If you want more information on design for WordPress, this series is a good place to start. They have a few videos explaining the finer points of the topic, starting from the Starkers theme rather than a default. In all, the video series runs about two hours and fifteen minutes.
Sometimes you love a theme, but you hate the header that it generates. Which is fine, because it is very simple to create your own header. On this video it will break it down for you, showing exactly how to make a header that will fit your blog. You will be ready in a manner of minutes.
The most confusing part of customizing a blog for more WorPress users is modifying an existing theme. It doesn’t take that much to learn what you are doing. Each part is in a different area of the coding box. This video breaks it down for you and shows you how to make changes.
ScribeFire is a great plugin tool for Firefox, Chrome, Safari or Opera. It allows users to turn their browser into a full blog updater. Create new posts, edit old ones, work on SEO and more through the plugin itself. But best of all is that it allows you to work on all of your blogs in one place.
An official tool from WP, this allows you to check for any broken links in your posts. This makes it really easy to keep track of them, and to be alerted to any problems in the future.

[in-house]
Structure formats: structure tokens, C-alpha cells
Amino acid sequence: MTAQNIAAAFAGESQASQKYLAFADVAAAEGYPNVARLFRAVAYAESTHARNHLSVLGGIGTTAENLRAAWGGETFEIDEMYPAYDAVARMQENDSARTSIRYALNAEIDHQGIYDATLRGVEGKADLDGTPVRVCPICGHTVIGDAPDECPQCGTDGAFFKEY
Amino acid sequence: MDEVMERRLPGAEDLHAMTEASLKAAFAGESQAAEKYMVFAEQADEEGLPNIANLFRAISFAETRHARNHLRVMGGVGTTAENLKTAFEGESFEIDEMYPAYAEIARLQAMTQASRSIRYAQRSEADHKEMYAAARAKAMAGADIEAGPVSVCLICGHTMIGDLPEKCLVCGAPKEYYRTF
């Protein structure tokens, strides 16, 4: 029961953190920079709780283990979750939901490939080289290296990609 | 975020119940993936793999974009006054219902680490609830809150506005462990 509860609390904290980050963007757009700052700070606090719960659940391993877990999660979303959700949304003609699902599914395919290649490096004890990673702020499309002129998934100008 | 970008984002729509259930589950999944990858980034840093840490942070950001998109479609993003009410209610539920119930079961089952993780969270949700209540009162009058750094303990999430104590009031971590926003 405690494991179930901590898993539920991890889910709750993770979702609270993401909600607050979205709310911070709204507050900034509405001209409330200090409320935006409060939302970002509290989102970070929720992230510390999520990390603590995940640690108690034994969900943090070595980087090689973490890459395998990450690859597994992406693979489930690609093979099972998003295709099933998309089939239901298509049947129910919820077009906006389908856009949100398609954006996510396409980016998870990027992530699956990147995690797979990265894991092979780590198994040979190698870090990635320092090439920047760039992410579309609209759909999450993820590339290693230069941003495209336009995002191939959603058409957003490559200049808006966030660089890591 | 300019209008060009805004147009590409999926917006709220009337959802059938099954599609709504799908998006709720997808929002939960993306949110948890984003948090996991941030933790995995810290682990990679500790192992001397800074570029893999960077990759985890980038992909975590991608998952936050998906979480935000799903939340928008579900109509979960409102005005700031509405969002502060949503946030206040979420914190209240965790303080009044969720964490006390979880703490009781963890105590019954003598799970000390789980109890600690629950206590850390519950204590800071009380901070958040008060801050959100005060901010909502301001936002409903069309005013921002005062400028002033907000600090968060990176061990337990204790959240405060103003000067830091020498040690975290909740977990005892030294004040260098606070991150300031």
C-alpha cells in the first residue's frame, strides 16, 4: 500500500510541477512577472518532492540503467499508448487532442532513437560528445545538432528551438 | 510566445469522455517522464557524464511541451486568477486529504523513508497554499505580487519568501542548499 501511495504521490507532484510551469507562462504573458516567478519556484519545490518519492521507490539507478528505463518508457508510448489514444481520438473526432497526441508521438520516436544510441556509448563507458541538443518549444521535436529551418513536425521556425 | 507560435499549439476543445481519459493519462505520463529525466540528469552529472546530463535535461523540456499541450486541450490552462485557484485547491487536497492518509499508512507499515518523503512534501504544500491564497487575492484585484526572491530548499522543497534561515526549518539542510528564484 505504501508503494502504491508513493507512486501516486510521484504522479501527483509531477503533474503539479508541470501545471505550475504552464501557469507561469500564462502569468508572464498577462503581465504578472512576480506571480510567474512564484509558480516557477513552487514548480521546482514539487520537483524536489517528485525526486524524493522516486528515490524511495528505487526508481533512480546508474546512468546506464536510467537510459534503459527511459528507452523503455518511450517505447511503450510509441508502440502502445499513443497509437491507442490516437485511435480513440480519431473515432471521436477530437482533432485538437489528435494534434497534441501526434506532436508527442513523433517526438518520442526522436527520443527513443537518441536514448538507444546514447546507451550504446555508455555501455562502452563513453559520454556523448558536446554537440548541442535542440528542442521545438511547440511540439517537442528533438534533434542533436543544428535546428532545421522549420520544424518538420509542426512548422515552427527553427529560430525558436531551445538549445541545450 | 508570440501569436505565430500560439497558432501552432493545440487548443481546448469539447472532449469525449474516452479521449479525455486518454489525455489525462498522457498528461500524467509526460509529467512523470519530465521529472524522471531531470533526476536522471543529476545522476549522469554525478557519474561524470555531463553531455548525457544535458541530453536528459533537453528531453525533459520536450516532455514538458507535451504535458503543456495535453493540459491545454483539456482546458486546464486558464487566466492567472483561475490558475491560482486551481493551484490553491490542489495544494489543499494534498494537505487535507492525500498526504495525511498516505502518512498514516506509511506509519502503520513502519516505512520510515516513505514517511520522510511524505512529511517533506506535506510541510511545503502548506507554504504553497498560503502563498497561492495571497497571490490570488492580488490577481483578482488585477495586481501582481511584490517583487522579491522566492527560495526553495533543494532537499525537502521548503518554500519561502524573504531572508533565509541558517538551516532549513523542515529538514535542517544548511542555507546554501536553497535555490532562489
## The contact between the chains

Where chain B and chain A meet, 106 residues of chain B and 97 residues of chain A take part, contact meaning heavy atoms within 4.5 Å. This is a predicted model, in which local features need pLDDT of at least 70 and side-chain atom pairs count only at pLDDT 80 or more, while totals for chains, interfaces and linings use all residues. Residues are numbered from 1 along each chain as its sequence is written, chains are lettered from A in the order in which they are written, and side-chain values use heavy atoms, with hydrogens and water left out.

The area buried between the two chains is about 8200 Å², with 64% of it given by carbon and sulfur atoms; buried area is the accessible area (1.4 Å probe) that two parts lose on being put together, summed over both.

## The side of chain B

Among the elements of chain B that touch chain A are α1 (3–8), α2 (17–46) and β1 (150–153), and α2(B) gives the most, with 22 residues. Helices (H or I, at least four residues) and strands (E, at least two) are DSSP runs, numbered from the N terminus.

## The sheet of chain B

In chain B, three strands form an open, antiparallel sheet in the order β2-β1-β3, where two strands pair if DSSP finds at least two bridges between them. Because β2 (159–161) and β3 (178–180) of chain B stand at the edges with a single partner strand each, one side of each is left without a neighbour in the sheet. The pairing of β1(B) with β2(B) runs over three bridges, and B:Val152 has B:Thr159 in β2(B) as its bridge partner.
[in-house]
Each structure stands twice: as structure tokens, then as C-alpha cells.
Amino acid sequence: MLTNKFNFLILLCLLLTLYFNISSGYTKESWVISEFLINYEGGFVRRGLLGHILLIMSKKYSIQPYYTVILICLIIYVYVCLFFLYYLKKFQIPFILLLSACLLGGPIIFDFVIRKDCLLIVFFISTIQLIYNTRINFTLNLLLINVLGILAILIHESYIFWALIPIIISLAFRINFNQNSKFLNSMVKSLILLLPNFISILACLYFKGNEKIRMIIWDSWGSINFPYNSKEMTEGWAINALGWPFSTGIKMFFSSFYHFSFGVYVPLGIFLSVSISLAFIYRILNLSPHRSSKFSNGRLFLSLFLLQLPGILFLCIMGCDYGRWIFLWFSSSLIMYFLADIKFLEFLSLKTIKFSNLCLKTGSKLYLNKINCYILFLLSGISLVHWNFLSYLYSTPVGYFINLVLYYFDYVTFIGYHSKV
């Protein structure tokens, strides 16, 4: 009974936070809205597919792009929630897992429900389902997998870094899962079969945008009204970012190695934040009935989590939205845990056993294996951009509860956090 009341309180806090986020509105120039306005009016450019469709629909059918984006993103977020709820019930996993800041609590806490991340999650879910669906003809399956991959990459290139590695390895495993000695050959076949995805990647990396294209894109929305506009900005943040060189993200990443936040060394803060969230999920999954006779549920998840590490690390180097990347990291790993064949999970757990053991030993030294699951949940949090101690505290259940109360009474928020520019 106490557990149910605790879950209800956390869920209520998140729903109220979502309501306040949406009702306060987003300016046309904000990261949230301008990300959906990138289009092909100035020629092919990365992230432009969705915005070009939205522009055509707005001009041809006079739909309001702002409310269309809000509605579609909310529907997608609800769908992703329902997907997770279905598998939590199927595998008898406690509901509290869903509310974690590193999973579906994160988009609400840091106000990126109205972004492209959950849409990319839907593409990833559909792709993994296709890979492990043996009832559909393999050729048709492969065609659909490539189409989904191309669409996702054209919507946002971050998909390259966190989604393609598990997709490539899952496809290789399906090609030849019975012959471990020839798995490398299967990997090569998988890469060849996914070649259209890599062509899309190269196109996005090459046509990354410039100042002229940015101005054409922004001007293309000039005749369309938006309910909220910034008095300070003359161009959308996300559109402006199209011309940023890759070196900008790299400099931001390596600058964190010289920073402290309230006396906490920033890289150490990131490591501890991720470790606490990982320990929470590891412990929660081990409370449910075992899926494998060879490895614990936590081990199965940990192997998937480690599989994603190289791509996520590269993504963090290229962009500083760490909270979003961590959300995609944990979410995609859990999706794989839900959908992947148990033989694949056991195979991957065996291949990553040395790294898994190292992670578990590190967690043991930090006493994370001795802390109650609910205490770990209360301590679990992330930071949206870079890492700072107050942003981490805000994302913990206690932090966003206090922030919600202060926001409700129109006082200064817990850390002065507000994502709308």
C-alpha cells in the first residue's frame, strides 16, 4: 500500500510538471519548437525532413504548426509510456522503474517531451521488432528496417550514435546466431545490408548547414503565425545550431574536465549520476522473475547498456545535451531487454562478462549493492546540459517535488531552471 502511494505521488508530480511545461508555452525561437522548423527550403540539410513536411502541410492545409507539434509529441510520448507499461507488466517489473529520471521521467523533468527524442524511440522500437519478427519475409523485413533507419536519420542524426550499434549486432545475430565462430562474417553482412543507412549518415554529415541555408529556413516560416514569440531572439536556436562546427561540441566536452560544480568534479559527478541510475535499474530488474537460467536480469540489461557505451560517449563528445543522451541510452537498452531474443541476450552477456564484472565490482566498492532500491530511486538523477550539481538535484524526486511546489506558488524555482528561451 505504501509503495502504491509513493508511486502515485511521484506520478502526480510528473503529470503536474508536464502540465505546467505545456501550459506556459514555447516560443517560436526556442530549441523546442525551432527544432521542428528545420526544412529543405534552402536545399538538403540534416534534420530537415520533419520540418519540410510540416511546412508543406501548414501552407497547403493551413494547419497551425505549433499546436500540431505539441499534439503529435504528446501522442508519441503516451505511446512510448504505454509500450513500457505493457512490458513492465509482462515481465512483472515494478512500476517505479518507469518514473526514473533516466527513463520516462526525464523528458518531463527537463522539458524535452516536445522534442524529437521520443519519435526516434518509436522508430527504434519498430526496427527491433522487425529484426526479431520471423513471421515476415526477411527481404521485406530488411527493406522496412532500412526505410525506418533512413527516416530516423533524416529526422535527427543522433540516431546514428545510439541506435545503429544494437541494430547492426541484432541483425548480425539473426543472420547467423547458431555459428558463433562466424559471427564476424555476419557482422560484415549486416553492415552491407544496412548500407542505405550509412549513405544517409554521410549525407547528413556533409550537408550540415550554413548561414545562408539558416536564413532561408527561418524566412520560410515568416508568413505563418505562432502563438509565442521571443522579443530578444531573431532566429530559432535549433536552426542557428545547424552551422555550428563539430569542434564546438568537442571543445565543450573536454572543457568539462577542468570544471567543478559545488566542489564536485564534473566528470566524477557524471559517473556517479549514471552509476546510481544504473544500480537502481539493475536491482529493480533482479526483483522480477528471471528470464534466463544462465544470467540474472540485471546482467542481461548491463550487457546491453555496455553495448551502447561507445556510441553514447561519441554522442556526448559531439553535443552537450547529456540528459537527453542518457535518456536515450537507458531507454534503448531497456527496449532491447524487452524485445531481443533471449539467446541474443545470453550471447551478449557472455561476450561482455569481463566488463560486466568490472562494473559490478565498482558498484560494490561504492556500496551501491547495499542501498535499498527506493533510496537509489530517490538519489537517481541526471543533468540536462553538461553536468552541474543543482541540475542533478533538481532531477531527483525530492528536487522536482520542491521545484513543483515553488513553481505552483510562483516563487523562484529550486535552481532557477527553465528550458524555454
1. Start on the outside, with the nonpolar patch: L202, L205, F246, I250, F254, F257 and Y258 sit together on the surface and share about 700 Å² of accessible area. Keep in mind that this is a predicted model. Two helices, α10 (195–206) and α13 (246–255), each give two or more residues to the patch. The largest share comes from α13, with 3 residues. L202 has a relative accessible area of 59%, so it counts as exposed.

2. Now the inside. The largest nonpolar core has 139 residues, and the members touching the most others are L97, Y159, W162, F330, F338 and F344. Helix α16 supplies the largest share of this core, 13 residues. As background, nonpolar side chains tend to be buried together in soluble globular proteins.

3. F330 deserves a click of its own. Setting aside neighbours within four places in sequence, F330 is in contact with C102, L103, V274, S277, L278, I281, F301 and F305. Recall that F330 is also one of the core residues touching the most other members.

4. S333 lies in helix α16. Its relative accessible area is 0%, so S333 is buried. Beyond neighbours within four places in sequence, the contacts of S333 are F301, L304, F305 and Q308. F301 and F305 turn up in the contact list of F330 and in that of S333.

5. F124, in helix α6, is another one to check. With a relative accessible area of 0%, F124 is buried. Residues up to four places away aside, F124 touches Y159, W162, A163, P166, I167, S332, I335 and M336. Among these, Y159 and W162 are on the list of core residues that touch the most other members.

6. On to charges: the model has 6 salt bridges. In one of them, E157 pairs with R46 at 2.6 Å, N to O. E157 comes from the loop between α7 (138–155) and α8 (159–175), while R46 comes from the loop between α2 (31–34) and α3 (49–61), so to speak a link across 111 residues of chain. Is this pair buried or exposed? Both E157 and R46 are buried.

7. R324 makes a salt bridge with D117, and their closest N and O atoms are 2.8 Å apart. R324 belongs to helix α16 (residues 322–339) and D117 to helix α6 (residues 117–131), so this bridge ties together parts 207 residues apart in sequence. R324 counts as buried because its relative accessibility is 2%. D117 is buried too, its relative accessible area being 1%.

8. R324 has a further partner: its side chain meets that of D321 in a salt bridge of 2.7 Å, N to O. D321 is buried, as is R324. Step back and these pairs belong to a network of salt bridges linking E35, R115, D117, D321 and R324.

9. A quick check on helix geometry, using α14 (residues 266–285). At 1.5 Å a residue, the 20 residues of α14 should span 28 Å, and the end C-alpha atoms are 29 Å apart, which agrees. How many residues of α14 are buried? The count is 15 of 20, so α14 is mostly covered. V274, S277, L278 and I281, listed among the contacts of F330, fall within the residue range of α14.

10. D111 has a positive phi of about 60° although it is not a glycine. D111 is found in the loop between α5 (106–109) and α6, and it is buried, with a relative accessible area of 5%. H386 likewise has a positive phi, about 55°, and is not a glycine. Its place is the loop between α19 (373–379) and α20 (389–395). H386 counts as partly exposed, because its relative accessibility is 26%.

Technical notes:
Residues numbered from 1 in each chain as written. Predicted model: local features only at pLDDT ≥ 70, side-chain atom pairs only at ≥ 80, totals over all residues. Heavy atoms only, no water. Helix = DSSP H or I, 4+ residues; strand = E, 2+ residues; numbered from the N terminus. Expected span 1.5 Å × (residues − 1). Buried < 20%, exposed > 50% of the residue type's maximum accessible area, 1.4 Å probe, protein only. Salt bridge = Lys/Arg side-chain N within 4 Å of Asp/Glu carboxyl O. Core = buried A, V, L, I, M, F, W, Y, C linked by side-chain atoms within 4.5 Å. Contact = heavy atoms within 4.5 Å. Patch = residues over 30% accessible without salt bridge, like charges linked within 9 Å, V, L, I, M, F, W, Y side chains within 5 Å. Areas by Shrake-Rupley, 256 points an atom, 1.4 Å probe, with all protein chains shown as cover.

If you want to make WordPress really work for you, then these ten tools can help. From getting advice on how to create a better blog to learning how to properly code your theme, they have everything you need to get things started.
Guest Author Jessy is the tech blogger for VIP Reality blog. Vip Reality is a Dallas real estate company preaching a high-quality approach to online marketing. All images courtesy Jessy.
I don’t have an actual Kindle. I buy books from Amazon and read them on my iPhone with the Kindle app. I love it. I love the size, the line-length (makes for very speedy reading) and the fact that I don’t have to carry more than one device when I go awandering.
Theoretically, I should be able to highlight something in my Kindle Reader app, and send it to Facebook or Twitter. I’ve been reading Deanna Zandt’s book “Share This!” lately and have really wanted to share some of the great quotes from the book. The app goes through the motions, tells me it’s sharing, but nothing shows up on Facebook.
Have you looked at Bliss Control? Start from there and adjust settings for all the things shown in the screen grab:
After you pick the thing you want to change, you pick the place where you want to make the change. The app will connect you directly to the right spot in each of the sites shown below:
The interesting thing about this service is that they don’t retain any login information – they simply guide you straight to the relevant place on the site in question to do whatever it is you want to do.